What is the atonement, how does it work, and what does the Bible have to say on the subject? While most Christians agree that Jesus Christ is the saviour, things fragment on further exploration
Wait, this is not the definition of a single word, what is going on?
I have in the past attempted to define various words used in the discussion of doctrine with varying degrees of clarity and depth. Usually, I cover such terms only up to the depth of my own needed understanding to discuss some other related topic. This time, however, I have no end goal in mind beyond laying out an index of ideas from which I can build.
In other words, I am going to sketch things out with the broadest possible strokes and then revisit the details in later posts.
Definition of atonement
Broadly speaking the atonement describes what Christ did, why (and perhaps how) he did it, and what it means to Christians.
The scope of the atonement
The atonement is a doctrinal issue that divides Christians. Specifically the question of the extent of the atonement. Did Christ bear the sins of the elect alone on the cross, or did His death expiate the sins of all human beings? Ideas of the atonement can broadly be divided into two camps – limited and unlimited.
Limited atonement is an idea most strongly associated with Calvinism but more generally with reformed theology. It is the idea that Jesus died only for some people but not for others.
Limited atonement states that through the death of Jesus Christ is sufficient to atone for the sins of the whole world, it was the intention of God the Father that the atonement of Christ’s death would work itself out in the elect only, thereby leading them without fail to salvation. According to Limited Atonement, Christ died for the sins of the elect alone, and no atonement was provided for the reprobate.
My biggest problem with this is that it sees a loving Father punishing (usually eternally) everyone else for not being saved when it was His own choice. Thus, I stand by my article “The demands of an evil god“.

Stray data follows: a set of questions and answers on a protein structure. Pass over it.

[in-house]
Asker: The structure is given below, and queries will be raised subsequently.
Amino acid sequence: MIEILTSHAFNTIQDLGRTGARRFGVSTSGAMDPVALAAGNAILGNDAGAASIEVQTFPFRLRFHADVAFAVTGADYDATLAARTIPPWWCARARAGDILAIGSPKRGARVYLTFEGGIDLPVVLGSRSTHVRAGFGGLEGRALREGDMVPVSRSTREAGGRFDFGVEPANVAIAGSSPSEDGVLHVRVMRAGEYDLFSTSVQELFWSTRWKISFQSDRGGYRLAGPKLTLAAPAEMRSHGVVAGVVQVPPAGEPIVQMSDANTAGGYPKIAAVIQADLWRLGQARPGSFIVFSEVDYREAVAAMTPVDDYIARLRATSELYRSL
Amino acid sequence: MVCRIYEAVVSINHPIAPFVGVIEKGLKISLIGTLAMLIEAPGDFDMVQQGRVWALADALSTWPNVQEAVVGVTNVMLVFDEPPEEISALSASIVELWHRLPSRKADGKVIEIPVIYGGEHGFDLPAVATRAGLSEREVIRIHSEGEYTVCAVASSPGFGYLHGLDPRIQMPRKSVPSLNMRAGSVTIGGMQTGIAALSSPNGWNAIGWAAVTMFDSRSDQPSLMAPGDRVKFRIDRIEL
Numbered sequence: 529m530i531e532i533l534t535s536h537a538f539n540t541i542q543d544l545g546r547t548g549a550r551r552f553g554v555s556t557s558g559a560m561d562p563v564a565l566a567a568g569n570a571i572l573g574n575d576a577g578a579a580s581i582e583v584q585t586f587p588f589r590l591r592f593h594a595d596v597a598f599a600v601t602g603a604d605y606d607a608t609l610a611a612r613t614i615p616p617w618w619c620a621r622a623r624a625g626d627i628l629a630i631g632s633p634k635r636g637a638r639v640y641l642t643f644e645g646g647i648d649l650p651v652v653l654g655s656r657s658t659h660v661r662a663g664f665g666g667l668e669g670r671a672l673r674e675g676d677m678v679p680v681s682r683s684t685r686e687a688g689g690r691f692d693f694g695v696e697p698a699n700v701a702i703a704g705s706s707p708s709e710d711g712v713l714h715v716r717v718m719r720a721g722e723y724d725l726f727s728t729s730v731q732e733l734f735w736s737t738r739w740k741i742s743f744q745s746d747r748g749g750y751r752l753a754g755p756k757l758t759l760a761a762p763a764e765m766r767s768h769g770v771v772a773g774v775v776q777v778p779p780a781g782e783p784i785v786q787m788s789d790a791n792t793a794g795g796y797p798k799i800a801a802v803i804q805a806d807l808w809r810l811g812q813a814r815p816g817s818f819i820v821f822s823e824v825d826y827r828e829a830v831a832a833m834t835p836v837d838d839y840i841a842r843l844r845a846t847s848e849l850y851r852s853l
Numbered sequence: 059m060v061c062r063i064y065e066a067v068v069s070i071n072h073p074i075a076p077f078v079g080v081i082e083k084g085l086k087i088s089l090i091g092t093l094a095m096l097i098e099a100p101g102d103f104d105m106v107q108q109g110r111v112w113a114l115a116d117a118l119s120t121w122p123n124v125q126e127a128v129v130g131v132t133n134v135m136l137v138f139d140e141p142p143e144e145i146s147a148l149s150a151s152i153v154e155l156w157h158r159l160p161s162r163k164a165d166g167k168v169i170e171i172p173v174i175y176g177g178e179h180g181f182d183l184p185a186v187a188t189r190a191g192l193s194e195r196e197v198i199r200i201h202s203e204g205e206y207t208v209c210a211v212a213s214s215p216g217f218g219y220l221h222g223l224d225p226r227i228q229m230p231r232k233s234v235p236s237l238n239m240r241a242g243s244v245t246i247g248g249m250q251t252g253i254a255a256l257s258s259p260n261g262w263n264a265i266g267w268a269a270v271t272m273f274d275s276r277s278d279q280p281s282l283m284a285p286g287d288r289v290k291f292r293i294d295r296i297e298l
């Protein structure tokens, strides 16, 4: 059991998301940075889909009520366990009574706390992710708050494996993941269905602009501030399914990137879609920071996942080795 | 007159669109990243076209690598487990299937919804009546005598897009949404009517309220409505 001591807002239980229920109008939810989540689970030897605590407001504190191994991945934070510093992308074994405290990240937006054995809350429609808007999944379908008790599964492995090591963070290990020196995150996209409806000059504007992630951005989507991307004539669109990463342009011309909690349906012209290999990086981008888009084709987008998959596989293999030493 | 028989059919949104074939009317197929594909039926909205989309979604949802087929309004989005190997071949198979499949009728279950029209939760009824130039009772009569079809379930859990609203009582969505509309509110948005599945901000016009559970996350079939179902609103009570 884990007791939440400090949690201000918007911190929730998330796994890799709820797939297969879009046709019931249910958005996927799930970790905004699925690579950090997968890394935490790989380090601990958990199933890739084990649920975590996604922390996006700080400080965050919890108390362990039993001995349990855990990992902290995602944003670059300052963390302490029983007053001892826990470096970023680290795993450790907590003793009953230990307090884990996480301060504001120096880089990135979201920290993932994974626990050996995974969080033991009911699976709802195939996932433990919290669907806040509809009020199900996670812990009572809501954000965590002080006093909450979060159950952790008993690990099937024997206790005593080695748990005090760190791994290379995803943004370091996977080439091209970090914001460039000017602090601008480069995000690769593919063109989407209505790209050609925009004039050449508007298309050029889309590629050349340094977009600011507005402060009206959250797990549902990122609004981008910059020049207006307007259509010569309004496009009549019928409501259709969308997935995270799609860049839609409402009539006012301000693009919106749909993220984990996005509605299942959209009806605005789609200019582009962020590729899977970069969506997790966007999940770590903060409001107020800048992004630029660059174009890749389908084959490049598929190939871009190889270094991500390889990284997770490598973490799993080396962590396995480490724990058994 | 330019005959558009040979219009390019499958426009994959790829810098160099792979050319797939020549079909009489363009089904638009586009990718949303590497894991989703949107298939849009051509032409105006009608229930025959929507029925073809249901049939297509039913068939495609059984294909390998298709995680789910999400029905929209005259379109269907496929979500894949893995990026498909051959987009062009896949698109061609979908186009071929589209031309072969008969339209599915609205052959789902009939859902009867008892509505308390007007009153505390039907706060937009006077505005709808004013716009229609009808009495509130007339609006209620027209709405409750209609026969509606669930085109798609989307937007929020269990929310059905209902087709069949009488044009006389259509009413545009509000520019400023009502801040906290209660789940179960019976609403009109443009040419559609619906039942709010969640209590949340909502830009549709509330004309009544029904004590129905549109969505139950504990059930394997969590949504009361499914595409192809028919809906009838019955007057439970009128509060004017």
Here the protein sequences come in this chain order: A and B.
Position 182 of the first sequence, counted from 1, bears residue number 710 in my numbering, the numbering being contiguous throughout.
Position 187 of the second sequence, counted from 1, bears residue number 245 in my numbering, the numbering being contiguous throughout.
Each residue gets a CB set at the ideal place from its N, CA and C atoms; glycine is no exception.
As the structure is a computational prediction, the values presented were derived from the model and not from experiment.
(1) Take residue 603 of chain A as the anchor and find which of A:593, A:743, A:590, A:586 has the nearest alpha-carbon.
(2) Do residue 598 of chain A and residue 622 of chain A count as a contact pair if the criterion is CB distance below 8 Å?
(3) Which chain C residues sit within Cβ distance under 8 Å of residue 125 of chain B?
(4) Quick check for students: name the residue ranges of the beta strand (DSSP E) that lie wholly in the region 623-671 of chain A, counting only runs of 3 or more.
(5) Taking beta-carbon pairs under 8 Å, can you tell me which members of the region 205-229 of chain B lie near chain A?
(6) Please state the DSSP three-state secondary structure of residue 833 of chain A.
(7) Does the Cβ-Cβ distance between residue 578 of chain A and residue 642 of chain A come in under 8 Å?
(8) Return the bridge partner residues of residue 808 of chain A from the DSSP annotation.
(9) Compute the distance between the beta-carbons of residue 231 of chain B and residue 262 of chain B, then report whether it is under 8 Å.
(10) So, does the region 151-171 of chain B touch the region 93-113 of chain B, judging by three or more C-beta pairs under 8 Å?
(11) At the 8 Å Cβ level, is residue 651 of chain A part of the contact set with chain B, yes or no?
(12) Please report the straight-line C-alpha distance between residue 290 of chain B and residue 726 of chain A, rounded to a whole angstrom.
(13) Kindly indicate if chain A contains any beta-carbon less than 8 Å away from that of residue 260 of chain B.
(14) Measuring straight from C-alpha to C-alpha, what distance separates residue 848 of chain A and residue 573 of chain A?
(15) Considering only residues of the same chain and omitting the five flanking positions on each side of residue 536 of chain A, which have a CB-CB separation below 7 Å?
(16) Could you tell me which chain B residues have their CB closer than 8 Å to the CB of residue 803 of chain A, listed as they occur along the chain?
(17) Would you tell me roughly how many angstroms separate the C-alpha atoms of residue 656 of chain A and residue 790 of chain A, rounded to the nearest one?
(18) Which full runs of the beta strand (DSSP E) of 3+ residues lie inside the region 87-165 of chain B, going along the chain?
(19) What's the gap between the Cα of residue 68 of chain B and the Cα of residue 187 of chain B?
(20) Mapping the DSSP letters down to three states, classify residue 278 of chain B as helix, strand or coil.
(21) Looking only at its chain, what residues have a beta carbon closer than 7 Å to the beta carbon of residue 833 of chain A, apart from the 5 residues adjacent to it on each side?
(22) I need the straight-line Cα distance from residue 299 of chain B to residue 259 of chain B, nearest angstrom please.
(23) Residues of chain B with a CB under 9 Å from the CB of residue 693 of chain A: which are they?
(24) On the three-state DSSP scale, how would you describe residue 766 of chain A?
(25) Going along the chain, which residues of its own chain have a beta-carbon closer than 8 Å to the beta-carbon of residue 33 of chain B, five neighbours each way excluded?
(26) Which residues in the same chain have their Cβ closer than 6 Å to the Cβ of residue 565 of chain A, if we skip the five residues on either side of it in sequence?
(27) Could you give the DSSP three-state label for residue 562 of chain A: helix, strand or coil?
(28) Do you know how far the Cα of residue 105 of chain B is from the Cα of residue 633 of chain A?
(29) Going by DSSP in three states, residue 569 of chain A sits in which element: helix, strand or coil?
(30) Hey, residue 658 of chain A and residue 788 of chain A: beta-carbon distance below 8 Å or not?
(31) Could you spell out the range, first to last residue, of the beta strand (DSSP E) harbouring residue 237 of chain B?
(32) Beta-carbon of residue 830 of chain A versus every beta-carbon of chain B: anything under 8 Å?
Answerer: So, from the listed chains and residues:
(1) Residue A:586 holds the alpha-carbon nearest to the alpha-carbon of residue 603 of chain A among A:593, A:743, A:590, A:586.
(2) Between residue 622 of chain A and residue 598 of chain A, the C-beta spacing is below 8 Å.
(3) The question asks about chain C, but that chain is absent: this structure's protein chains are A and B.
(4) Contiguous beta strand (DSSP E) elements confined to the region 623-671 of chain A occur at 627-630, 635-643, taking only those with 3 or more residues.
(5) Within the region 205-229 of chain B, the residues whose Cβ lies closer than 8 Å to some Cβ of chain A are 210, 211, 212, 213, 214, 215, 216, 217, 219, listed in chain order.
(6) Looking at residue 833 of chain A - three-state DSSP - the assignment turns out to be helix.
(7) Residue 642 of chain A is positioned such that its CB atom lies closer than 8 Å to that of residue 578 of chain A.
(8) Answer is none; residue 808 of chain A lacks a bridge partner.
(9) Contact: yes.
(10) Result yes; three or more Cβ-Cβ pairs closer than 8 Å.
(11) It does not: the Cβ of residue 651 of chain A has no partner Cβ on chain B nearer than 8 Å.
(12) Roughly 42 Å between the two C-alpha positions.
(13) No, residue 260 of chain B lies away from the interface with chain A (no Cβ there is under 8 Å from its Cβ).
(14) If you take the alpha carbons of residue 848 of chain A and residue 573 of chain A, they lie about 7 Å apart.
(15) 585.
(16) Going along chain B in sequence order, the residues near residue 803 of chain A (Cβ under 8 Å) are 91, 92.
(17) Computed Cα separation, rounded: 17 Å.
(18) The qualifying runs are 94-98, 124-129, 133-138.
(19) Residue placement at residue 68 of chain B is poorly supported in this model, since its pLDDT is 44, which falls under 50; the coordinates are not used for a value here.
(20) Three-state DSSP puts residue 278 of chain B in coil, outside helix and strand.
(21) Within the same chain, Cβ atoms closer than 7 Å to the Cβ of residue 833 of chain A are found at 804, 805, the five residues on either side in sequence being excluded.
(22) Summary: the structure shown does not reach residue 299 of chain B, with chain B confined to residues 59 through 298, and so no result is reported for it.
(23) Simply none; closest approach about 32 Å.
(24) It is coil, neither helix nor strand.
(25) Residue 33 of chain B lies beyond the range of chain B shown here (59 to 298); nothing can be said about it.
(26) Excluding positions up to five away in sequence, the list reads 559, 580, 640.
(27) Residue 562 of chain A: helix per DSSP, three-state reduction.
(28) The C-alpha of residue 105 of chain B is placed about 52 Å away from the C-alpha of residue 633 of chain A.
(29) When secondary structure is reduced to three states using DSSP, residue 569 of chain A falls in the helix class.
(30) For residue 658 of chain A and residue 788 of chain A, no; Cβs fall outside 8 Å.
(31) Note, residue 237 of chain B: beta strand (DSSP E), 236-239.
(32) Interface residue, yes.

The main scriptures presented to support limited atonement are these (although they hardly seem convincing and must ignore the passages we will see the next section)
- John 10:14-15 – Jesus lays down his life for the sheep.
- John 10:28 – Jesus will lose none of his sheep.
- Matthew 7:13-14 – Many people will not receive eternal life.
Unlimited atonement is more strongly associated with Orthodox, Catholic, and Arminian traditions. It is also associated with most forms of non-Calvinistic Protestant Christianity.
Unlimited atonement is utterly incompatible with Calvinism.
Unlimited atonement states that Jesus died as a propitiation for the benefit of mankind without exception. Which means anyone can be saved.
The main scriptures cited in favour of unlimited atonement (and to cast doubt on the ideas of limited atonement) are as follows:
- 1 Timothy 2:6 – Christ as a ransom for all
- 1 Timothy 4:10 – Christ as the saviour of all
- Hebrews 2:9 – Christ’s death on behalf of all
- 1 John 2:2 – Christ atoning for the sins of the world
Theories of the atonement
After scope, Christians differ as to the nature and method of the atonement – how did Christ redeem us through His death?
There are many different theories of the atonement. One (Substitutionary atonement) I have a problem with – which is why I have already defined it in a previous glossary entry.
The others, in alphabetical order, are roughly as follows.
- Christus Victor
- Moral influence
- Penal substitution
Please comment if I have missed any as this list will act as something of a “definitions in need of writing” for the glossary section.
How I intend to use the phrase “atonement”.
Extensively; but only when a simpler phrase or word is unavailable. This is a topic I intend to talk about at length as it is, I feel, at the heart of some of the most damaging and needlessly hurtful doctrines and church practices.